Metoprolol Injection

Name: Metoprolol Injection

What are some things I need to know or do while I take Metoprolol Injection?

  • Tell all of your health care providers that you take this medicine. This includes your doctors, nurses, pharmacists, and dentists.
  • Avoid driving and doing other tasks or actions that call for you to be alert until you see how metoprolol injection affects you.
  • To lower the chance of feeling dizzy or passing out, rise slowly if you have been sitting or lying down. Be careful going up and down stairs.
  • Check blood pressure and heart rate as the doctor has told you. Talk with the doctor.
  • Have blood work checked as you have been told by the doctor. Talk with the doctor.
  • This medicine may affect certain lab tests. Tell all of your health care providers and lab workers that you take this medicine.
  • Talk with your doctor before you drink alcohol.
  • This medicine may hide the signs of low blood sugar. Talk with the doctor.
  • If you have high blood sugar (diabetes), you will need to watch your blood sugar closely.
  • If you are taking metoprolol injection and have high blood pressure, talk with your doctor before using OTC products that may raise blood pressure. These include cough or cold drugs, diet pills, stimulants, ibuprofen or like products, and some natural products or aids.
  • This medicine may make it harder to tell if you have signs of an overactive thyroid like fast heartbeat. If you have an overactive thyroid and stop taking this medicine all of a sudden, it may get worse and could be life-threatening. Talk with your doctor.
  • If you have had a very bad allergic reaction, talk with your doctor. You may have a chance of an even worse reaction if you come into contact with what caused your allergy. If you use epinephrine to treat very bad allergic reactions, talk with your doctor. Epinephrine may not work as well while you are taking metoprolol injection.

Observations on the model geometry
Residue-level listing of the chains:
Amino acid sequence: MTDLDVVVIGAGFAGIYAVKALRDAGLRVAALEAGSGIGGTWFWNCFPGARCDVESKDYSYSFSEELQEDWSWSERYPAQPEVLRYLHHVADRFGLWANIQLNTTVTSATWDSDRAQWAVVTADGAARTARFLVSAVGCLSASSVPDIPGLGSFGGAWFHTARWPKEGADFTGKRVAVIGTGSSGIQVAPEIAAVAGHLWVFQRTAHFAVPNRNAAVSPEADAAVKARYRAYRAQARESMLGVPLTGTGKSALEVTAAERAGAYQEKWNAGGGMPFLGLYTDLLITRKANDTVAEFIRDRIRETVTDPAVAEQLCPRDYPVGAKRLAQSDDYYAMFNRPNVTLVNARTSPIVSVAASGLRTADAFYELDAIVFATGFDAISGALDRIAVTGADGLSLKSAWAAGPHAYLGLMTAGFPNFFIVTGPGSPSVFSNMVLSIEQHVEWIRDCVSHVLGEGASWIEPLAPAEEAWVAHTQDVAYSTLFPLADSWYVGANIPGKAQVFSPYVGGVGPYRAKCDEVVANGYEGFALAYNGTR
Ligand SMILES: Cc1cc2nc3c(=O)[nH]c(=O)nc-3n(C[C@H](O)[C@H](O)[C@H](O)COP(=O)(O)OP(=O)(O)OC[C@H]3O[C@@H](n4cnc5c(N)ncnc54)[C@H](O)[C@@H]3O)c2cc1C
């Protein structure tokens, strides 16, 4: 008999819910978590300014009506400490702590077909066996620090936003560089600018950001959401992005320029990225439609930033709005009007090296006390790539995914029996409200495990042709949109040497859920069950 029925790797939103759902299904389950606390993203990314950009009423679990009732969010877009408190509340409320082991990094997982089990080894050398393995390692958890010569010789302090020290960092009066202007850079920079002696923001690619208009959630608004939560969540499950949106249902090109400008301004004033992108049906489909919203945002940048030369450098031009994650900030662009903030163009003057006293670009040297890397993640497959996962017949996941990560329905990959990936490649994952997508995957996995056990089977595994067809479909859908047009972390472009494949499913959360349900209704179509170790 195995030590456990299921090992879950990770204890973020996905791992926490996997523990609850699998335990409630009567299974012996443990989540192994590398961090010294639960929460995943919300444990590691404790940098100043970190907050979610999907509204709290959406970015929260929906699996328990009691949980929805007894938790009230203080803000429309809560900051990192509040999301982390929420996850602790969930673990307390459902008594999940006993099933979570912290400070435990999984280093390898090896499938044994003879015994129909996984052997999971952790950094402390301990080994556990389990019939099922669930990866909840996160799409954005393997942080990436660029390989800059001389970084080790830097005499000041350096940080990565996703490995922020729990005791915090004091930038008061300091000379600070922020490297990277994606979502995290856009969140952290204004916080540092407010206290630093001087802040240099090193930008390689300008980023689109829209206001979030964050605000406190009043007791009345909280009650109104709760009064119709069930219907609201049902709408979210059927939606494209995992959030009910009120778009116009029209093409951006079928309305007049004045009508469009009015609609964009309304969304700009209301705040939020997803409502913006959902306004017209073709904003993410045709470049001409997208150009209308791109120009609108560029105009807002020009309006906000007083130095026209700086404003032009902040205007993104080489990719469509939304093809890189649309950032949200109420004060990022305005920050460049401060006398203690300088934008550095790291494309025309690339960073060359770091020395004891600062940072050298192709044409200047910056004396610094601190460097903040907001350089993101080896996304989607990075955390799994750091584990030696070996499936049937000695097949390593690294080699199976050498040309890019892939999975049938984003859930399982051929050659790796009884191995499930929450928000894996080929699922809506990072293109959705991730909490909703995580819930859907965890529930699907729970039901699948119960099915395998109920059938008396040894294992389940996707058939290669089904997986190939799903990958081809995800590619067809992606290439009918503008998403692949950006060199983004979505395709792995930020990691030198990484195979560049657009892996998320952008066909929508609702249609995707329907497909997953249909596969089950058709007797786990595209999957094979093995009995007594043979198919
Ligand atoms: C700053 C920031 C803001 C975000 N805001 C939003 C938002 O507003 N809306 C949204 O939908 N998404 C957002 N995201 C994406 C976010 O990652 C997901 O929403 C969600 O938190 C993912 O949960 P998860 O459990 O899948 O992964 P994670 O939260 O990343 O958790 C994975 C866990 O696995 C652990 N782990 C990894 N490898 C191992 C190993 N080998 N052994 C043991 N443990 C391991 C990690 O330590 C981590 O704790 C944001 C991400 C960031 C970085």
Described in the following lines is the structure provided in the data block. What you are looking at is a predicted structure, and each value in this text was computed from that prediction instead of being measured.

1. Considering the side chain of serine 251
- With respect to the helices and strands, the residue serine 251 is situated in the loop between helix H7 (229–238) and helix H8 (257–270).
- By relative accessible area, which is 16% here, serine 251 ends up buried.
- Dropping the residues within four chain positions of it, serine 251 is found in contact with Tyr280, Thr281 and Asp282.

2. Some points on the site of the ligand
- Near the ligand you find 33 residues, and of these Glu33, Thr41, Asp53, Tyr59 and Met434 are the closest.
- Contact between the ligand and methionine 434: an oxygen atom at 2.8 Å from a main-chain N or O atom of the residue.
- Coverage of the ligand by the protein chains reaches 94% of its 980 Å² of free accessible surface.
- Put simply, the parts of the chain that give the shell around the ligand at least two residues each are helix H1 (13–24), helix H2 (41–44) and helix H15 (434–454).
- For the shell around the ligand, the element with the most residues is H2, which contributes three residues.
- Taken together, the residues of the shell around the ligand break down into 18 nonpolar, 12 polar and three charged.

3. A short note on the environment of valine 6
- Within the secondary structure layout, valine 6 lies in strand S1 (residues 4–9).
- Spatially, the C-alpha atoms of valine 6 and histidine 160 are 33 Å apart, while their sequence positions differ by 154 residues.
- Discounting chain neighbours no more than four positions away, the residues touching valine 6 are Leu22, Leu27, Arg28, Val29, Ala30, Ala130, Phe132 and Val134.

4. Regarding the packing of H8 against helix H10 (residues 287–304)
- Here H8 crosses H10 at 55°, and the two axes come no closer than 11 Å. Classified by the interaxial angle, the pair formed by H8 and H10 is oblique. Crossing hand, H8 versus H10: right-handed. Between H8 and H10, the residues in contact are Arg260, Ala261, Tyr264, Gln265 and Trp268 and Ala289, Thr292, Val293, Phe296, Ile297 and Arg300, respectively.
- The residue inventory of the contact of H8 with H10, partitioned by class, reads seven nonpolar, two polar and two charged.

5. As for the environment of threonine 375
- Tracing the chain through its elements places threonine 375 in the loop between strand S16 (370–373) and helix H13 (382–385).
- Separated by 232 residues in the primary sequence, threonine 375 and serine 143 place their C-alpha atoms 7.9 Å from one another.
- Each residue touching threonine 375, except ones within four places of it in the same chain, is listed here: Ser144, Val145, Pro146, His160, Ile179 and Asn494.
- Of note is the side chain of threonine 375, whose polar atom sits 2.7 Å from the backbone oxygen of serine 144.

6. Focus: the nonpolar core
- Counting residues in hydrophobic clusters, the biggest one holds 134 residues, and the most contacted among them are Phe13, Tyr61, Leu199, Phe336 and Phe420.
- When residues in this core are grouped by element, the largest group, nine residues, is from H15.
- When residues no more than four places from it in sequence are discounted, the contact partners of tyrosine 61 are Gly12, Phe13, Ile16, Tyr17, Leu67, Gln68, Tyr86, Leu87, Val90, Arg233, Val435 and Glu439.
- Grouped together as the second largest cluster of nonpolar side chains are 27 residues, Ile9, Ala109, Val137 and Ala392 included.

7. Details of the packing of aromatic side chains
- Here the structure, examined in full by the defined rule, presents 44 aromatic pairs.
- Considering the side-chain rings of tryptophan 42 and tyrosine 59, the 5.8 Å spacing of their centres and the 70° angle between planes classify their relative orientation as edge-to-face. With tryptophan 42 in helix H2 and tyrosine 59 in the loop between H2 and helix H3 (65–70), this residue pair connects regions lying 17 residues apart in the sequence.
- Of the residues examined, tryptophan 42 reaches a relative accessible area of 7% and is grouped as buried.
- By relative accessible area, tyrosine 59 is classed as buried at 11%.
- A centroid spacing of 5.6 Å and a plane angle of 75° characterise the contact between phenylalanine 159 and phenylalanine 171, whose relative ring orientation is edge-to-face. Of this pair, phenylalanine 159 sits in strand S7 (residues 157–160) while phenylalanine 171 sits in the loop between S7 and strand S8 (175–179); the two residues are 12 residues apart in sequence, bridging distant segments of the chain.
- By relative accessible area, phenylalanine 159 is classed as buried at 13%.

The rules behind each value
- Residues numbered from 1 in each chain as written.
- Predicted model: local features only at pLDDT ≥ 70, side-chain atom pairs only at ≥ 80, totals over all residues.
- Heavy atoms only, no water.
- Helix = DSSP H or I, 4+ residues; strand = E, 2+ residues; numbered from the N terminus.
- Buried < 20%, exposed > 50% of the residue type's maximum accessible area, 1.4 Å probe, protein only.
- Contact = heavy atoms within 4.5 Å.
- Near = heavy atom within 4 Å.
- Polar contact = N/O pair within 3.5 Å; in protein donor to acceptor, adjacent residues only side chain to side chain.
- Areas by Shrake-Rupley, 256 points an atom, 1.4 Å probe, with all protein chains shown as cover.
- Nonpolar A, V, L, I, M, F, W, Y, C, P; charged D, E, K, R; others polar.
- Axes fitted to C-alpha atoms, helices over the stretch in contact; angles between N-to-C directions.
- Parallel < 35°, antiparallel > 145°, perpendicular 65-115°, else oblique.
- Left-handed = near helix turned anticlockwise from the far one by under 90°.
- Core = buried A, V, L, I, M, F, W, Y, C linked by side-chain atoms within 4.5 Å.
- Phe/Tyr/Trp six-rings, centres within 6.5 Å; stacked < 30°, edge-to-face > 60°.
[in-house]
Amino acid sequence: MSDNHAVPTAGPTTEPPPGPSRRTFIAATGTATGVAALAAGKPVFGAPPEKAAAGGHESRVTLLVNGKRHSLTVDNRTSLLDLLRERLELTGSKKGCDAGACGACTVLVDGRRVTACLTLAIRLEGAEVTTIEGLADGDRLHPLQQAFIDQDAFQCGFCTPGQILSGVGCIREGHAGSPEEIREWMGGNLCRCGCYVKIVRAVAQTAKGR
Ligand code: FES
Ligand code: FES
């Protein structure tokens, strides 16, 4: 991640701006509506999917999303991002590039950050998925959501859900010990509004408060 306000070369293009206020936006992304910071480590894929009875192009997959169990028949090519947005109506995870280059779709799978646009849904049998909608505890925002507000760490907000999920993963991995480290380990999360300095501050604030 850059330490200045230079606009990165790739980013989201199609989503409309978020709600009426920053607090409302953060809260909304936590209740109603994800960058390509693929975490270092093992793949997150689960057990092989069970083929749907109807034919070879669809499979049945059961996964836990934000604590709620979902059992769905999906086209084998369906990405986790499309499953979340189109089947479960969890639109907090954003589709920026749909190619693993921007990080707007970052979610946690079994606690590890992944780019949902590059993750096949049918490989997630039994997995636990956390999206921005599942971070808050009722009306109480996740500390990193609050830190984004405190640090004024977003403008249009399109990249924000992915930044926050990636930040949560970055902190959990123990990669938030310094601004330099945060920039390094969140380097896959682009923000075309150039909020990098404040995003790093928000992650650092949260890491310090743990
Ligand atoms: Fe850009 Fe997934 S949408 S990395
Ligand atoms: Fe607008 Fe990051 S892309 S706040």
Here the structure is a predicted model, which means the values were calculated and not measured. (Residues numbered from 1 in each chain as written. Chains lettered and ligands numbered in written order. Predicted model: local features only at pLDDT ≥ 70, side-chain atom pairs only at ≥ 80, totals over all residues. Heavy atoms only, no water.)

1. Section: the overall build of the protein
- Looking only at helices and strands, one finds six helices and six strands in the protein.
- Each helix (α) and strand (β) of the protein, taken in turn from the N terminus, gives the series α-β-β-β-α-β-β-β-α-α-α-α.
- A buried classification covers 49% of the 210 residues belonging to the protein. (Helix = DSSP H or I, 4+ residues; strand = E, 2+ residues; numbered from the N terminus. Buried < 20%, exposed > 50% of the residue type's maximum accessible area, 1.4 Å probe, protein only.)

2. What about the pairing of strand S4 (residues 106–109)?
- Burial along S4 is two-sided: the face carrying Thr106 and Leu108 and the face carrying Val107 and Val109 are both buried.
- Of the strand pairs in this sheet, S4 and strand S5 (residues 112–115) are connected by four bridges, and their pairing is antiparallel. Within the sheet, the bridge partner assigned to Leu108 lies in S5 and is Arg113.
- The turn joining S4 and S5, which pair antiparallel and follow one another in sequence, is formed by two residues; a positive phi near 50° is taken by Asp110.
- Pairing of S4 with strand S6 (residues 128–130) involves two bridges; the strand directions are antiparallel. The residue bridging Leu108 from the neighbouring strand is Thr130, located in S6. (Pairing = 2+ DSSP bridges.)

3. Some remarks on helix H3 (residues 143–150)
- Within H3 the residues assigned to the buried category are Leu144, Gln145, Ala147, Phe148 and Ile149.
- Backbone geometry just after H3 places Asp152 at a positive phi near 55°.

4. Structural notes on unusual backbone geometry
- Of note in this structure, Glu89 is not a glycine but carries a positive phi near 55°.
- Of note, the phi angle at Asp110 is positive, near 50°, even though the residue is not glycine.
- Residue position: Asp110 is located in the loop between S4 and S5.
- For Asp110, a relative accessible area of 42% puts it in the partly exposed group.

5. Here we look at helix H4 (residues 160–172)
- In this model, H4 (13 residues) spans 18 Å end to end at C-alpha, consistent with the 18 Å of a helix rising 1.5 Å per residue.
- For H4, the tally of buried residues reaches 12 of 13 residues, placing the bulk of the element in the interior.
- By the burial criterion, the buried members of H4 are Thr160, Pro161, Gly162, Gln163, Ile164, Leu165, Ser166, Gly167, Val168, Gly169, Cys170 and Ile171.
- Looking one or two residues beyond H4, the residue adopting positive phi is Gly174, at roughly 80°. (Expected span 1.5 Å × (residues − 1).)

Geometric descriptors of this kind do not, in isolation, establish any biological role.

• Tell your doctor if you are pregnant or plan on getting pregnant. You will need to talk about the benefits and risks of using this medicine while you are pregnant.
  • Tell your doctor if you are breast-feeding. You will need to talk about any risks to your baby.

What are some side effects that I need to call my doctor about right away?

WARNING/CAUTION: Even though it may be rare, some people may have very bad and sometimes deadly side effects when taking a drug. Tell your doctor or get medical help right away if you have any of the following signs or symptoms that may be related to a very bad side effect:

  • Signs of an allergic reaction, like rash; hives; itching; red, swollen, blistered, or peeling skin with or without fever; wheezing; tightness in the chest or throat; trouble breathing or talking; unusual hoarseness; or swelling of the mouth, face, lips, tongue, or throat.
  • Low mood (depression).
  • Feeling confused.
  • Memory problems or loss.
  • Very bad dizziness or passing out.
  • Change in color of skin to a bluish color like on the lips, nail beds, fingers, or toes.
  • Feeling cold.
  • Chest pain or pressure.
  • A heartbeat that does not feel normal.
  • Slow heartbeat.
  • Shortness of breath, a big weight gain, or swelling in the arms or legs.
  • Change in eyesight.

How do I store and/or throw out Metoprolol Injection?

  • The shot will be given to you in a hospital or doctor's office. You will not store it at home.
  • Keep all drugs in a safe place. Keep all drugs out of the reach of children and pets.
  • Check with your pharmacist about how to throw out unused drugs.

Consumer Information Use and Disclaimer

  • If your symptoms or health problems do not get better or if they become worse, call your doctor.
  • Do not share your drugs with others and do not take anyone else's drugs.
  • Keep a list of all your drugs (prescription, natural products, vitamins, OTC) with you. Give this list to your doctor.
  • Talk with the doctor before starting any new drug, including prescription or OTC, natural products, or vitamins.
  • Some drugs may have another patient information leaflet. Check with your pharmacist. If you have any questions about this medicine, please talk with your doctor, nurse, pharmacist, or other health care provider.
  • If you think there has been an overdose, call your poison control center or get medical care right away. Be ready to tell or show what was taken, how much, and when it happened.

This information should not be used to decide whether or not to take metoprolol injection or any other medicine. Only the healthcare provider has the knowledge and training to decide which medicines are right for a specific patient. This information does not endorse any medicine as safe, effective, or approved for treating any patient or health condition. This is only a brief summary of general information about this medicine. It does NOT include all information about the possible uses, directions, warnings, precautions, interactions, adverse effects, or risks that may apply to metoprolol injection. This information is not specific medical advice and does not replace information you receive from the healthcare provider. You must talk with the healthcare provider for complete information about the risks and benefits of using this medicine.

Review Date: October 4, 2017

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